Lesson #6:  If your company is dying and you don't have the cure, LET IT DIE WITH DIGNITY AND START OVER.

I'm afraid we're at Lesson #6


kevin_rose_digg_businessweek.jpgIf only the Business Week cover from 2006 were true.

While many of the employees of Digg will find it difficult to start over, the founders and senior management team probably will not.  Especially Kevin Rose, who is an early investor in Twitter and Zynga.  So don't cry for dude.  Dude is fine.

Now I've Dugg many stories over the years - mostly an endless link-fest of Slide Shows and Superhero complaints - but it's time to move on. 

I suppose I'll just have to "Like" instead of "Digg" (until Facebook becomes worthless - and they are on that path!).  After that, I'll probably have to "Shout Out" or "Yeah, Baby" or whatever other little button some company wants me to click whenever I like the new taste of Coke Zero.

"Digg" was cool and nobody can take 2006-2008 away from you guys.  That was your time!

So long Kevin, Matt and Jay - who cares if you're not Billionaires?  Remember, Millionaires can still get chicks and buy drinks at any bar in the world.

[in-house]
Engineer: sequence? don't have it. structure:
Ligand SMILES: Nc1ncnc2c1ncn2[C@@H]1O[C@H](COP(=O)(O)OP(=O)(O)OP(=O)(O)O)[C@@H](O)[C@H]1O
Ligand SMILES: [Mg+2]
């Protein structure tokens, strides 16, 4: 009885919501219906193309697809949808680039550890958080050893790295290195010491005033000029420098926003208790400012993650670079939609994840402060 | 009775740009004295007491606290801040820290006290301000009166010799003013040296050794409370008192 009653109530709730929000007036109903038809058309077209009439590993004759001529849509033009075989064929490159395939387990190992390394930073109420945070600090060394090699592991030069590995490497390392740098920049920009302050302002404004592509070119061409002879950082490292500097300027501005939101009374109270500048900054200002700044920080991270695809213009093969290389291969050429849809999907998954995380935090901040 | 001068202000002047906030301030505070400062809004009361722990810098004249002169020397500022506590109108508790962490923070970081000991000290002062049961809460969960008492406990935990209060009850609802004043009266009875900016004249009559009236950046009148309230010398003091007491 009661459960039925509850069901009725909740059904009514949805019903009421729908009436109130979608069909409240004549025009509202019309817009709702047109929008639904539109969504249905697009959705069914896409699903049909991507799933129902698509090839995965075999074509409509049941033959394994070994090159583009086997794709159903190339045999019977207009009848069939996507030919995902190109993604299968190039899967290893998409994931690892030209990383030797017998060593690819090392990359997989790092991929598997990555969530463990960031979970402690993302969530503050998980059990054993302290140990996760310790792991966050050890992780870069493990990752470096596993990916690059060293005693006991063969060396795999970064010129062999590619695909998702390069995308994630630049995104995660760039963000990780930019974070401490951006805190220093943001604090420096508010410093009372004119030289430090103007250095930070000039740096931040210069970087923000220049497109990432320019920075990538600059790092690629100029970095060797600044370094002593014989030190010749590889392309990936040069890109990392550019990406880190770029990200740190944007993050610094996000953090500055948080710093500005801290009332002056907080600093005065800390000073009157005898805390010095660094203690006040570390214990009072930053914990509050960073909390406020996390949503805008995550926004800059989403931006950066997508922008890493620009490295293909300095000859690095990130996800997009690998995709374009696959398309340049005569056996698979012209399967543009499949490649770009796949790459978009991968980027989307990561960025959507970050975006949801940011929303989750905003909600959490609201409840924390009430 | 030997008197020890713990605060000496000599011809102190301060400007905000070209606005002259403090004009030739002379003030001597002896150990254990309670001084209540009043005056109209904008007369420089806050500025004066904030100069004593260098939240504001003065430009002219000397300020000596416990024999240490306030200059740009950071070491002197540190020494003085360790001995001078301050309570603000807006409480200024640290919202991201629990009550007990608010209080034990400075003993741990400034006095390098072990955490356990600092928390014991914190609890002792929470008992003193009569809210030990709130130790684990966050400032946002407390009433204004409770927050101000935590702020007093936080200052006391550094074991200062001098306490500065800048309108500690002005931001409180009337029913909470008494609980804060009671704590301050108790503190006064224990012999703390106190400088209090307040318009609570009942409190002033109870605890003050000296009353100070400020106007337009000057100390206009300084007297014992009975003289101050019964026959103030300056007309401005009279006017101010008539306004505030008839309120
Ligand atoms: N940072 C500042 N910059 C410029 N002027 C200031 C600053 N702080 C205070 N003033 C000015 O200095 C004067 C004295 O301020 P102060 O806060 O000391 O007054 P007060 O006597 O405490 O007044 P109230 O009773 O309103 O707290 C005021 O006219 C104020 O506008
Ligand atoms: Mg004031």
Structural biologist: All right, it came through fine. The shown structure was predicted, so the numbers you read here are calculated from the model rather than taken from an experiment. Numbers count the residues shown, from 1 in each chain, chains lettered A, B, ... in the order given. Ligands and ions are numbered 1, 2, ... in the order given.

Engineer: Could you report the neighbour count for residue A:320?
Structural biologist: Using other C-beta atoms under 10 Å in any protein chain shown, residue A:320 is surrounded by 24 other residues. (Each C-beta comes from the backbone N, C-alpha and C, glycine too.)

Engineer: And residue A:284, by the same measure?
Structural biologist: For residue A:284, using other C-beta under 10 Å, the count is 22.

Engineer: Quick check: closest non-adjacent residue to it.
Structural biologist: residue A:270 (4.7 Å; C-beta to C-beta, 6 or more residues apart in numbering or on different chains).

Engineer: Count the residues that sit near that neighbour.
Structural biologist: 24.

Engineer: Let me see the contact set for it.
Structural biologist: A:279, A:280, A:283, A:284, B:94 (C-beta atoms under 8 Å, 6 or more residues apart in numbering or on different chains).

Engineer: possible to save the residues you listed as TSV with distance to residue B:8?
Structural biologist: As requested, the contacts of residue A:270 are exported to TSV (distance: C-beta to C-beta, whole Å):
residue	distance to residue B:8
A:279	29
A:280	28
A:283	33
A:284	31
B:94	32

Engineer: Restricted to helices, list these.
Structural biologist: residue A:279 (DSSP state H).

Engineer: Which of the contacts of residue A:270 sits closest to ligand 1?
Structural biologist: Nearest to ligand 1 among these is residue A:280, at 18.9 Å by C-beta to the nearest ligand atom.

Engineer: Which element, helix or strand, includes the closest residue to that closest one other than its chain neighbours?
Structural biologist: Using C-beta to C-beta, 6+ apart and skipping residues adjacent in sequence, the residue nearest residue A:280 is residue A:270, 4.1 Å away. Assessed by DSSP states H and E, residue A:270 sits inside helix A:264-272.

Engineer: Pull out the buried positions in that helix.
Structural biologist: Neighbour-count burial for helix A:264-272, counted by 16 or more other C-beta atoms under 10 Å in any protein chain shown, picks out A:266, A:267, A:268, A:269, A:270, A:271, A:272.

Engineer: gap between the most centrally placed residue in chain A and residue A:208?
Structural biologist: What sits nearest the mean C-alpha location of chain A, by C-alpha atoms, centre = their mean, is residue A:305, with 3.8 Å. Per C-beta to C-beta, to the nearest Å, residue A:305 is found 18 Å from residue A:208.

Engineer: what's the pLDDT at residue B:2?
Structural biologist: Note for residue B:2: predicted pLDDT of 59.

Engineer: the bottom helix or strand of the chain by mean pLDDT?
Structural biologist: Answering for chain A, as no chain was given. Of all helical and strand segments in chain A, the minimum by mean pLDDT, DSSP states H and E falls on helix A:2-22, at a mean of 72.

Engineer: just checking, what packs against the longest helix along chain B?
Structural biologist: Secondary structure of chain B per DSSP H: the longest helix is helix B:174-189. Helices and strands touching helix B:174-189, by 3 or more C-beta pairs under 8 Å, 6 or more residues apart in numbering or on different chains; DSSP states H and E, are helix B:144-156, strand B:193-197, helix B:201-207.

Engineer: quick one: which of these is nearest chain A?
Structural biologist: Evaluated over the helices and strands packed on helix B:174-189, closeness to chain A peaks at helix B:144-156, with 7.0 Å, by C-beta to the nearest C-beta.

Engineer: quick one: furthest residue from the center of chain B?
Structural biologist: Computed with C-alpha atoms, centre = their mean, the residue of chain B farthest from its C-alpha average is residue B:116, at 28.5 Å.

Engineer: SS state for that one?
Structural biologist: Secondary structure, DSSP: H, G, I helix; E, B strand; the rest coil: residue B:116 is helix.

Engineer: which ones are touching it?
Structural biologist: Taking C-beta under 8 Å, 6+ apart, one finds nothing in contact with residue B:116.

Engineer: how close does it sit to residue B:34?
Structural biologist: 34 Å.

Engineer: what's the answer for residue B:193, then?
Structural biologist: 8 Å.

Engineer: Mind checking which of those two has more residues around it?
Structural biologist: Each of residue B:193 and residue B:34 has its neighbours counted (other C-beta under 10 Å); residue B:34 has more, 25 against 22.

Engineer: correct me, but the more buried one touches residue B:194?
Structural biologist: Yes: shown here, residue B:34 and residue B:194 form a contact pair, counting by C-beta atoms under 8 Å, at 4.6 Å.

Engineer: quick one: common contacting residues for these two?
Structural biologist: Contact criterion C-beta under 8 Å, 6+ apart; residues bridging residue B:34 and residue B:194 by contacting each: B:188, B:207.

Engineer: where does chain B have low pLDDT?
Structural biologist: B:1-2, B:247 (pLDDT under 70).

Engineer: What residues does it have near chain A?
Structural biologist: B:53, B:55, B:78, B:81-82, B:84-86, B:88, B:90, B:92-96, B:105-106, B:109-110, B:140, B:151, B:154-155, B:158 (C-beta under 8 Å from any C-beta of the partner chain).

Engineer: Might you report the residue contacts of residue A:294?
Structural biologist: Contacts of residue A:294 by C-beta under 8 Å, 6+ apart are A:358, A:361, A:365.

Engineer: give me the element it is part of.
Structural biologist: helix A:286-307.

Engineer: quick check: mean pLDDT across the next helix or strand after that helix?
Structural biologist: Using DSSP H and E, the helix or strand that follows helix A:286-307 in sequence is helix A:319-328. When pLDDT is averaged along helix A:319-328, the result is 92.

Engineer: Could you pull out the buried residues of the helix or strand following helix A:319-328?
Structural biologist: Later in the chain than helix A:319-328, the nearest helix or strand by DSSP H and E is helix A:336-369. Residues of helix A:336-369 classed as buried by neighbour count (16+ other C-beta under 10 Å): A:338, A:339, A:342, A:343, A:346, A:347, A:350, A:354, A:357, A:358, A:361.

jill_kennedy_small.jpgJill Kennedy - OnMedea
OK, it's September.  The power players in the media world have completed their 'summering' and can now return to the passion of their lives - ridding the world of boredom and malaise by producing films, TV shows, games and websites.  So... it's great to be back.

facebook_slide_unique_user_projections.jpgThe title of this blog is truly remarkable and, frankly, bullshit. 

I received the chart to the left from a friend of mine at Facebook (which was pulled from a recent management presentation). 

Takeaway:  The number of Facebook users by 2015 will EXCEED THE EARTH'S POPULATION. 

Sounds impossible I know.  But I suppose nothing is impossible when it comes to Facebook.  Because at Facebook it's not "Impossible", it's "I'm Possible".

A couple of months ago, I wrote a blog titled "Facebook Is Worthless".  I stand by the arguments in that blog (even though I received the wrath of many a Facebook insider who doesn't want to see the value of their stock options go down) because, no matter what Facebook senior management tries to tell the press, no one seriously believes they are profitable.  I believe the real numbers would freak too many people out who are praying for an IPO in the near future.

Just because everyone is on it doesn't mean the future is bright.  Just look at the AOL and Microsoft monopolies in the 1990s.

jill_kennedy_small.jpgJill Kennedy - OnMedea
facebook_mark_zuckerberg.jpgSalacious headline?  Yes.  True?  Also yes.